For Small Health Systems, Big Decisions Can Mean Life or Death

Philip Betbeze, for HealthLeaders Media , February 17, 2014

"Unfortunately, we can hang our hat on being low cost. We haven't had the luxury of what the large players get in commercial contracting. There are models now that will hopefully let us leverage that through exchanges or even private exchanges such as the one we have with Medica [a health plan operator based in Minnesota]," he says. "We're the low-cost option. With our community-based ACO model, in order to have a larger economic footprint, we finally can leverage that position."

Other areas Phelps labels as high-risk include deals with physicians and decisions on whether to own or partner with existing physician practices.

"The higher-risk areas typically surround things like owning physician groups, which we haven't been shy to do in particular areas, but we have in others," he says.

Outside of primary care, he feels Ridgeview has done better in partnership with best-of-breed independent physician practices. Ridgeview has joint venture partnerships, which have done well by employing such groups as gastroenterology practice and an oncology group. Cardiology was another area where he says a system like Ridgeview would undergo a lot of unnecessary risk to start its own.

"What if you have bad outcomes?" he asks, for example. "All of a sudden no one's coming to your multimillion-dollar cath lab. So we partnered with one of the best groups in the market, and we're doing that through a partnership instead of organically."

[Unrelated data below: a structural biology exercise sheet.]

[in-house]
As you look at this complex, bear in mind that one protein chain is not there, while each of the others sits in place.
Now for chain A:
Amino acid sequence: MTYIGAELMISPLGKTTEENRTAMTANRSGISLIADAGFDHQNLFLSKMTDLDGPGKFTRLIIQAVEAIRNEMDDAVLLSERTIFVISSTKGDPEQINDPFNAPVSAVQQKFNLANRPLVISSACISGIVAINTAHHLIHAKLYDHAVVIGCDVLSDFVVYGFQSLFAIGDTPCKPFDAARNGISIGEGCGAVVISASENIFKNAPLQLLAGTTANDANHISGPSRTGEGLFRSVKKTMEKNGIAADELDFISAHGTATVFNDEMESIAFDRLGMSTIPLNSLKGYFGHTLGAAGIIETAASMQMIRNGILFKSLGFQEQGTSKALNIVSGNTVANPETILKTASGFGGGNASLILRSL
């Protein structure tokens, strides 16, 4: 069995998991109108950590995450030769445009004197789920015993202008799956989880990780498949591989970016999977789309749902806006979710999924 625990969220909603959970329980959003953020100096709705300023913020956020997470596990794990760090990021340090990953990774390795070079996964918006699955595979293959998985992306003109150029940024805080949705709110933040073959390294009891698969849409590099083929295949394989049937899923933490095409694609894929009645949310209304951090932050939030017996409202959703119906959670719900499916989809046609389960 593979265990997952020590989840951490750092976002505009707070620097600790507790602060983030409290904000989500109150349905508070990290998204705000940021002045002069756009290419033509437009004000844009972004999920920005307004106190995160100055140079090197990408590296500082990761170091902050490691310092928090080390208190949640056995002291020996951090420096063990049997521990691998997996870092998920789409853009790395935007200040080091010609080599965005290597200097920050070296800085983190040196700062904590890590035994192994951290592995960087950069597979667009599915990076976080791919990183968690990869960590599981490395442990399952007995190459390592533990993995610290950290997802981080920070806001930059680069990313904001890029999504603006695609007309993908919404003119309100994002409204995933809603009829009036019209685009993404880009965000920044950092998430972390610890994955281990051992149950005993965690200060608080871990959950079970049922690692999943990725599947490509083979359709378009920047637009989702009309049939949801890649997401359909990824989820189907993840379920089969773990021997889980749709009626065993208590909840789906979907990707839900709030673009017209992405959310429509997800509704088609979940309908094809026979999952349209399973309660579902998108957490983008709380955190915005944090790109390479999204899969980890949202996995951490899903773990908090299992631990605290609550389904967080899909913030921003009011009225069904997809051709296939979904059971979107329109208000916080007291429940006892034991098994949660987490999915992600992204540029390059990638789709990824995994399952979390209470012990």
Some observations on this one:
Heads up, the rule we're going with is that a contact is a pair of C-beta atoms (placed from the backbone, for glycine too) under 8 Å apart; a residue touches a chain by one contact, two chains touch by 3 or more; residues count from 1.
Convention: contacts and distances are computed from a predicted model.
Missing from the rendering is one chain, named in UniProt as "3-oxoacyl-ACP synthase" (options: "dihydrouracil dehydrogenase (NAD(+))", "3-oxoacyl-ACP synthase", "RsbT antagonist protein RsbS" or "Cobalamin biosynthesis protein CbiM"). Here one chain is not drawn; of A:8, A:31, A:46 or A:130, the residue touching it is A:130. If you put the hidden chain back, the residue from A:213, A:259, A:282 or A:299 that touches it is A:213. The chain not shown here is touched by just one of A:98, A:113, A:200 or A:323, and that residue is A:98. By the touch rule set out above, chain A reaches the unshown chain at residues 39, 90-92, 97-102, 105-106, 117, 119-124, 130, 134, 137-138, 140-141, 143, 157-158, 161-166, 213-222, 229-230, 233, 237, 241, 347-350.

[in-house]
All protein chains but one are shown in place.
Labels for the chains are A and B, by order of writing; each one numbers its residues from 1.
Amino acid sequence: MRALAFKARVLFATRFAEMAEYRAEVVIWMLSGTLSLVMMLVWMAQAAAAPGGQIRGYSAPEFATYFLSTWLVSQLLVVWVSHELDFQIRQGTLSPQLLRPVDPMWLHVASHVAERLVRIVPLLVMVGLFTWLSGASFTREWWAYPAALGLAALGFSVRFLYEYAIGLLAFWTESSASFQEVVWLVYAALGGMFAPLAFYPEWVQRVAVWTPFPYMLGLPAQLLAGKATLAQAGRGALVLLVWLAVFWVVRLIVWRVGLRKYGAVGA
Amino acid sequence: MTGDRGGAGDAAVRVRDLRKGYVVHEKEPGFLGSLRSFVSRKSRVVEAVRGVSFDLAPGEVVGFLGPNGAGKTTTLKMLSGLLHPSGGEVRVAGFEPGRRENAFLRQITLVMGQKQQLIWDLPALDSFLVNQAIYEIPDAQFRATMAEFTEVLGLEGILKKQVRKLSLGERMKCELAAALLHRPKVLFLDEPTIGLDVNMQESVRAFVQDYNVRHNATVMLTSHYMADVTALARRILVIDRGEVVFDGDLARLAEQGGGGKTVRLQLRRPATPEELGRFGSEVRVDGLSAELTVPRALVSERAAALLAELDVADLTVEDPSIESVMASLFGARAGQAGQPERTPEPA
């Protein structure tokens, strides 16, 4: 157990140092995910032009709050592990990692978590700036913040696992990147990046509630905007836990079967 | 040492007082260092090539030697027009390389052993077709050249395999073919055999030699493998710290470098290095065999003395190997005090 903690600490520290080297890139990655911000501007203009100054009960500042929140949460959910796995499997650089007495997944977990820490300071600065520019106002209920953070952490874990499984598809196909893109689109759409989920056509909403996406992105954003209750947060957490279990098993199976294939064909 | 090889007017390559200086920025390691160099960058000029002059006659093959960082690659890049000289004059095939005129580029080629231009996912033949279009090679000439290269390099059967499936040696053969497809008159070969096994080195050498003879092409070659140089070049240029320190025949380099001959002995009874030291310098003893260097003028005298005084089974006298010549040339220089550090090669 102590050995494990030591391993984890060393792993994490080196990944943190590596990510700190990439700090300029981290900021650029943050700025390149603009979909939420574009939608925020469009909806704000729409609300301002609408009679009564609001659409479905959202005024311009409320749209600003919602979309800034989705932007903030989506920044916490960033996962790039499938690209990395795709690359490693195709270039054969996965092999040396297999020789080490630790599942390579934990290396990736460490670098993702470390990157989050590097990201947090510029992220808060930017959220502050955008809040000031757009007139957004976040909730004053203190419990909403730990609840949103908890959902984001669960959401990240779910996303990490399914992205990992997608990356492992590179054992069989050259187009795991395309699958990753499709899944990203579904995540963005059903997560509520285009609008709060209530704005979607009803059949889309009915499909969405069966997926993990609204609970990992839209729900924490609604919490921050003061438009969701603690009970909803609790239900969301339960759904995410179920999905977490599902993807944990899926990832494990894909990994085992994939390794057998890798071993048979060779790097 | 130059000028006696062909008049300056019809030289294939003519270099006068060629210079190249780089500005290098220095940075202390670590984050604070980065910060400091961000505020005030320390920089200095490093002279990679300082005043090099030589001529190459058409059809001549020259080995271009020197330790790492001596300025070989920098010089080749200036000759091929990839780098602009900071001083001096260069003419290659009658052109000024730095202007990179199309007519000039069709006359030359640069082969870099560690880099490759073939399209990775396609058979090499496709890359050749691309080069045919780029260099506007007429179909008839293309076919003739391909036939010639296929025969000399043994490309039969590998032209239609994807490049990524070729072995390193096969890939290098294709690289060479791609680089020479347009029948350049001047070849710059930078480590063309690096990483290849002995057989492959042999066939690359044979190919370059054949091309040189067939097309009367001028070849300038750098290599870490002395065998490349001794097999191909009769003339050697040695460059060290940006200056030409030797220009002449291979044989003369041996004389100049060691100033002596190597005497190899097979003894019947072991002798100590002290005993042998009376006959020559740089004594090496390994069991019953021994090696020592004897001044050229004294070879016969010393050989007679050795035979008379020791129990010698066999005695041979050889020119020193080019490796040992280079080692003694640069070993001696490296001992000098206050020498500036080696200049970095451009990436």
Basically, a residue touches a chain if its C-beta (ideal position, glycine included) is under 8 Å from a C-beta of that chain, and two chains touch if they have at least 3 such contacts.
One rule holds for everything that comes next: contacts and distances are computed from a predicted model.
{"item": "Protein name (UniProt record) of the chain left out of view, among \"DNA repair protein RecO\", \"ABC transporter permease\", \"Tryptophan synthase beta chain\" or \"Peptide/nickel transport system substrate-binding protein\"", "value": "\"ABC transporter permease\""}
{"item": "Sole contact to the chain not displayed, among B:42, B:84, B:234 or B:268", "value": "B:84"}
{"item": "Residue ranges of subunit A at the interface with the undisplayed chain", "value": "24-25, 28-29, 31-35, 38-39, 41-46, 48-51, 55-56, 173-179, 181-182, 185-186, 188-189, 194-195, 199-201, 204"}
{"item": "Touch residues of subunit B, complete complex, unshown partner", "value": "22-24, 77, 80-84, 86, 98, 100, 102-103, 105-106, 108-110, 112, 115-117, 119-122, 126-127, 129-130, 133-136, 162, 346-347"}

Thanks to these growth and efficiency moves, Phelps see a bright and, critically, independent future.

"We're in a desirable mix of urban and rural markets that are part of the referral sources for the big ones," he says. "Everyone wants a piece of you, and it puts you in a good negotiating position. Our independence is the thing that got us here."

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This article appears in the January/February issue of HealthLeaders magazine.

Philip Betbeze is senior leadership editor with HealthLeaders Media.
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1 comments on "For Small Health Systems, Big Decisions Can Mean Life or Death"

Robert C. Bowman, M.D. (2/18/2014 at 9:45 AM)
Since 1986 I have considered rural hospitals and practices and physicians to be endangered species. The current changes to their environment takes away their food and water, making them more endangered than ever. Unfortunately this endangers the tens of millions that they serve. This is close, but still does not quite get it right. Efficiencies can be demonstrated in those bigger and unorganized because they are bigger. Smaller is already efficient and has had to be to survive. Rural and smaller hospitals and practices do not need a niche. Niches are more expensive and are a poor fit with areas that need basic services and primary care and ER. Rural practices and hospitals are basic services, primary care, and ER if they can maintain a hospital against the barrage of forced increased investments and threats to revenue streams. 68% of Americans live in 40,000 zip codes in most need of the basics. Niche and competition is about 1100 zip codes with 10% of the population, and 45% of workforce.




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